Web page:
Celebrities sound off on Twitter about lack of Black hairstylists in Hollywood


There’s a lack of Black hairstylists in Hollywood, and Black celebrities are sounding off after an Instagram post went viral featuring a model who encountered the same issue.

Black celebrities on Twitter are speaking up about their disastrous experiences working with hair and makeup teams. Actresses like Yvette Nicole Brown and Gabrielle Union took to Twitter on Monday after an Instagram post and subsequent Teen Vogue story on the post went viral.

TheTeen Vogue story highlighted the hardships that model Olivia Anakwe outlined in a lengthy caption on Instagram just last week. She shared that her experience as a Black model has led her to sit with hairstylists who either weren’t familiar with Black hair textures and did a poor job on her hair, or straight-up ignored her altogether.

In the post, Anakwe wrote:

"Black models are still asking for just one hairstylist on every team no matter where your team is from to care for afro hair… After one lady attempted and pulled my edges relentlessly, I stood up to find a model who could possibly do it. After asking two models and then the lead/only nail stylist, she was then taken away from her job to do my hair. This is not okay. This will never be okay."

After Teen Vogue shared the story on Twitter, actor Yahya Abdul-Mateen II (who plays Manta in Aquaman) responded by saying that the situation in Hollywood is no less different than that in the modeling world.

Yvette Nicole Brown later chimed in on the conversation, responding to a tweet that said Black actors will often have to go off set to get their hair styled beforehand. For Brown, that meant not only taking care of her hair before heading to set, but also making sure she brought her own makeup and had good clothes in her size.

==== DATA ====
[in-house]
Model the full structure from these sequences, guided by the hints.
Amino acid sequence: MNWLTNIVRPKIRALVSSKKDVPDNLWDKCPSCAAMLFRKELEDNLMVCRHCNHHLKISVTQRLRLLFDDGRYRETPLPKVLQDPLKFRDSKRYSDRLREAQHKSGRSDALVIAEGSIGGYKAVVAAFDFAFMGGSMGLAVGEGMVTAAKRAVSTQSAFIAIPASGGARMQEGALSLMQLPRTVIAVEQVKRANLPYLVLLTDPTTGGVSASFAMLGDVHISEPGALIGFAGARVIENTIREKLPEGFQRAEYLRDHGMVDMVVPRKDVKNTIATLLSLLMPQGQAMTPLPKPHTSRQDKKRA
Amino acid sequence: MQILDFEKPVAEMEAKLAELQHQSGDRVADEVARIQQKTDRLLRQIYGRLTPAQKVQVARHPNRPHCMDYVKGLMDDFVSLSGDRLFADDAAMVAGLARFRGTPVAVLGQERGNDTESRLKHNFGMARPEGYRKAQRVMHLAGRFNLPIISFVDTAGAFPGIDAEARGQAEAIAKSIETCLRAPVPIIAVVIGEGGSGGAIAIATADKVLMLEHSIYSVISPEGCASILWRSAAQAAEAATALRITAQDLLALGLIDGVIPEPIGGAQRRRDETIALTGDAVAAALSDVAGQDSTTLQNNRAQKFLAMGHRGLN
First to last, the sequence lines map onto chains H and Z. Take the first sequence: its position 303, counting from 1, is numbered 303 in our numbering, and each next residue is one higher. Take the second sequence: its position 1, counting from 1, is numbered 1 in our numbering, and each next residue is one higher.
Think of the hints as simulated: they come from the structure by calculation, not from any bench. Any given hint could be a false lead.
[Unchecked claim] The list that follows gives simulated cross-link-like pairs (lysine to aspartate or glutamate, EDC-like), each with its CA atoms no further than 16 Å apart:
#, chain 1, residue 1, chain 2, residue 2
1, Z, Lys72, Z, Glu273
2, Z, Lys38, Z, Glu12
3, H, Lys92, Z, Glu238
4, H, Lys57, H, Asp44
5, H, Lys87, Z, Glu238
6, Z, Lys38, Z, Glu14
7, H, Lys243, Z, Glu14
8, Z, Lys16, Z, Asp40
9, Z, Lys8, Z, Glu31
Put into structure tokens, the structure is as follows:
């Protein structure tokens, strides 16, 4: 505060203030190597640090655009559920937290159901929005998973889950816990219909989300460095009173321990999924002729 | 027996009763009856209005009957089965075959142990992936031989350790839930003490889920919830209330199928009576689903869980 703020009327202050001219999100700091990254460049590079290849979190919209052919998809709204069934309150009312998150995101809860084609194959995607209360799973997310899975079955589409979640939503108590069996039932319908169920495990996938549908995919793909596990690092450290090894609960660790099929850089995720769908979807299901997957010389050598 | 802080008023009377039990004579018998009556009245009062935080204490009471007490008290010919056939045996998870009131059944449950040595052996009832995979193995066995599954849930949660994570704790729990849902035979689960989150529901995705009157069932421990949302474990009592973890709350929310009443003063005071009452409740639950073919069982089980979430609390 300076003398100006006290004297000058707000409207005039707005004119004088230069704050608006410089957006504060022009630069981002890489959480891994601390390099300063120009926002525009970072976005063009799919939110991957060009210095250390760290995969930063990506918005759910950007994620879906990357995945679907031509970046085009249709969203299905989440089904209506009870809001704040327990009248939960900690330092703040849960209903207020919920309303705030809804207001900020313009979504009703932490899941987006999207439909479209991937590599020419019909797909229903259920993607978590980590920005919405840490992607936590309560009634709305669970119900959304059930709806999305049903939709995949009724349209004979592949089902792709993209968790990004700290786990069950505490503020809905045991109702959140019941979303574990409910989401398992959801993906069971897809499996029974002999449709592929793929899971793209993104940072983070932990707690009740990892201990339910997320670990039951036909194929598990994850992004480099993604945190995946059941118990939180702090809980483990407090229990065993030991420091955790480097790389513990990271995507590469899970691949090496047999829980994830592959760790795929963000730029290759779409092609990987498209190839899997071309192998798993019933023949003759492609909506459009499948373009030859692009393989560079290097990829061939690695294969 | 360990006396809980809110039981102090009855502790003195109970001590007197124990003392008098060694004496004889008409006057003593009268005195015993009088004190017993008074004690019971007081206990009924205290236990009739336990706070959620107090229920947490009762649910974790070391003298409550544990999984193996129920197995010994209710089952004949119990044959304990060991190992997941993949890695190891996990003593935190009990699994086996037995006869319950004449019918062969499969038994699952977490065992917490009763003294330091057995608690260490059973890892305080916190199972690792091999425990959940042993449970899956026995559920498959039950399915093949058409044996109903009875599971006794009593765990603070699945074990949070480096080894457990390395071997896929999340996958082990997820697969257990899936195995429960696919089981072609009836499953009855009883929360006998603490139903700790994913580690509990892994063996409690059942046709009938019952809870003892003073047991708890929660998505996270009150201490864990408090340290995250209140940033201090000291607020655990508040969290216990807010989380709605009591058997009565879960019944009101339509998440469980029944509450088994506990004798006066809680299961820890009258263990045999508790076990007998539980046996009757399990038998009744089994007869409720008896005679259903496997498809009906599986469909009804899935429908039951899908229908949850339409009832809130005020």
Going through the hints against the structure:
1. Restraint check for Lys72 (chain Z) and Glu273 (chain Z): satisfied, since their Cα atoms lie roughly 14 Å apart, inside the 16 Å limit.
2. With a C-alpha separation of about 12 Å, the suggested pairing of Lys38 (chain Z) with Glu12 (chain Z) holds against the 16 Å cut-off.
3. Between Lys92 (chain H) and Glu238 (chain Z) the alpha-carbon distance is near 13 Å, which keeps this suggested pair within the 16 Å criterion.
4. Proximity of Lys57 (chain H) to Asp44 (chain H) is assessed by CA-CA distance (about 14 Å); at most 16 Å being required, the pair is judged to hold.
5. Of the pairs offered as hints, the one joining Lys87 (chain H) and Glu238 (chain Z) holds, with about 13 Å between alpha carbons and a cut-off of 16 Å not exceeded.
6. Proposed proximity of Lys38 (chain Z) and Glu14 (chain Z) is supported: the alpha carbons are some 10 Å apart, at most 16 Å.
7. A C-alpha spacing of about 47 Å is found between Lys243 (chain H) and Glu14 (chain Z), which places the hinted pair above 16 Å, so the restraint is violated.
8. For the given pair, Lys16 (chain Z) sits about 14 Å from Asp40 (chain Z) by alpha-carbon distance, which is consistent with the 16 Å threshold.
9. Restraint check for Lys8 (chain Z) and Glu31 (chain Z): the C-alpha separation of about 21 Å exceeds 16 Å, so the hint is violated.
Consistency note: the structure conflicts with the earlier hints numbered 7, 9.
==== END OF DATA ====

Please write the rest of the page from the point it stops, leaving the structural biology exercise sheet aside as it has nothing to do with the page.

In another tweet, Brown referred to this issue as having to pay a “black tax.” In this context, the term is used to describe additional money that Black people end up paying in their everyday lives to get up to the same level as white people. While one person on Twitter proposed that the extra work expenses should be deducted from taxes, Brown argued that taking those extra steps shouldn’t be necessary in the first place.

Much like there is a push to get diversity on screen, there should also be a push to get diversity behind the screen, especially when it comes to getting stylists who are familiar with Black hair.

Gabrielle Union then chimed in on the conversation, adding an extra layer of complexity to the situation. Union reminded people that, technically, any work done for those actors on the job must be done by union stylists. She also mentioned despite it being a victory that a Black actor could get a role in the first place, it does not erase the other barriers they will encounter along the way.

The solution of course, as Brown tweeted, would be to ensure that there is a balance of diverse talent on and off camera. While studios may be concerned about representation that audiences see, we can’t forget that minority actors should still receive the right amount of attention as any other actor.

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It’s never easy to completely and fully solve these kinds of issues, but when people like Anakwe, Brown and Union speak up to have their voices heard, change is not far to come.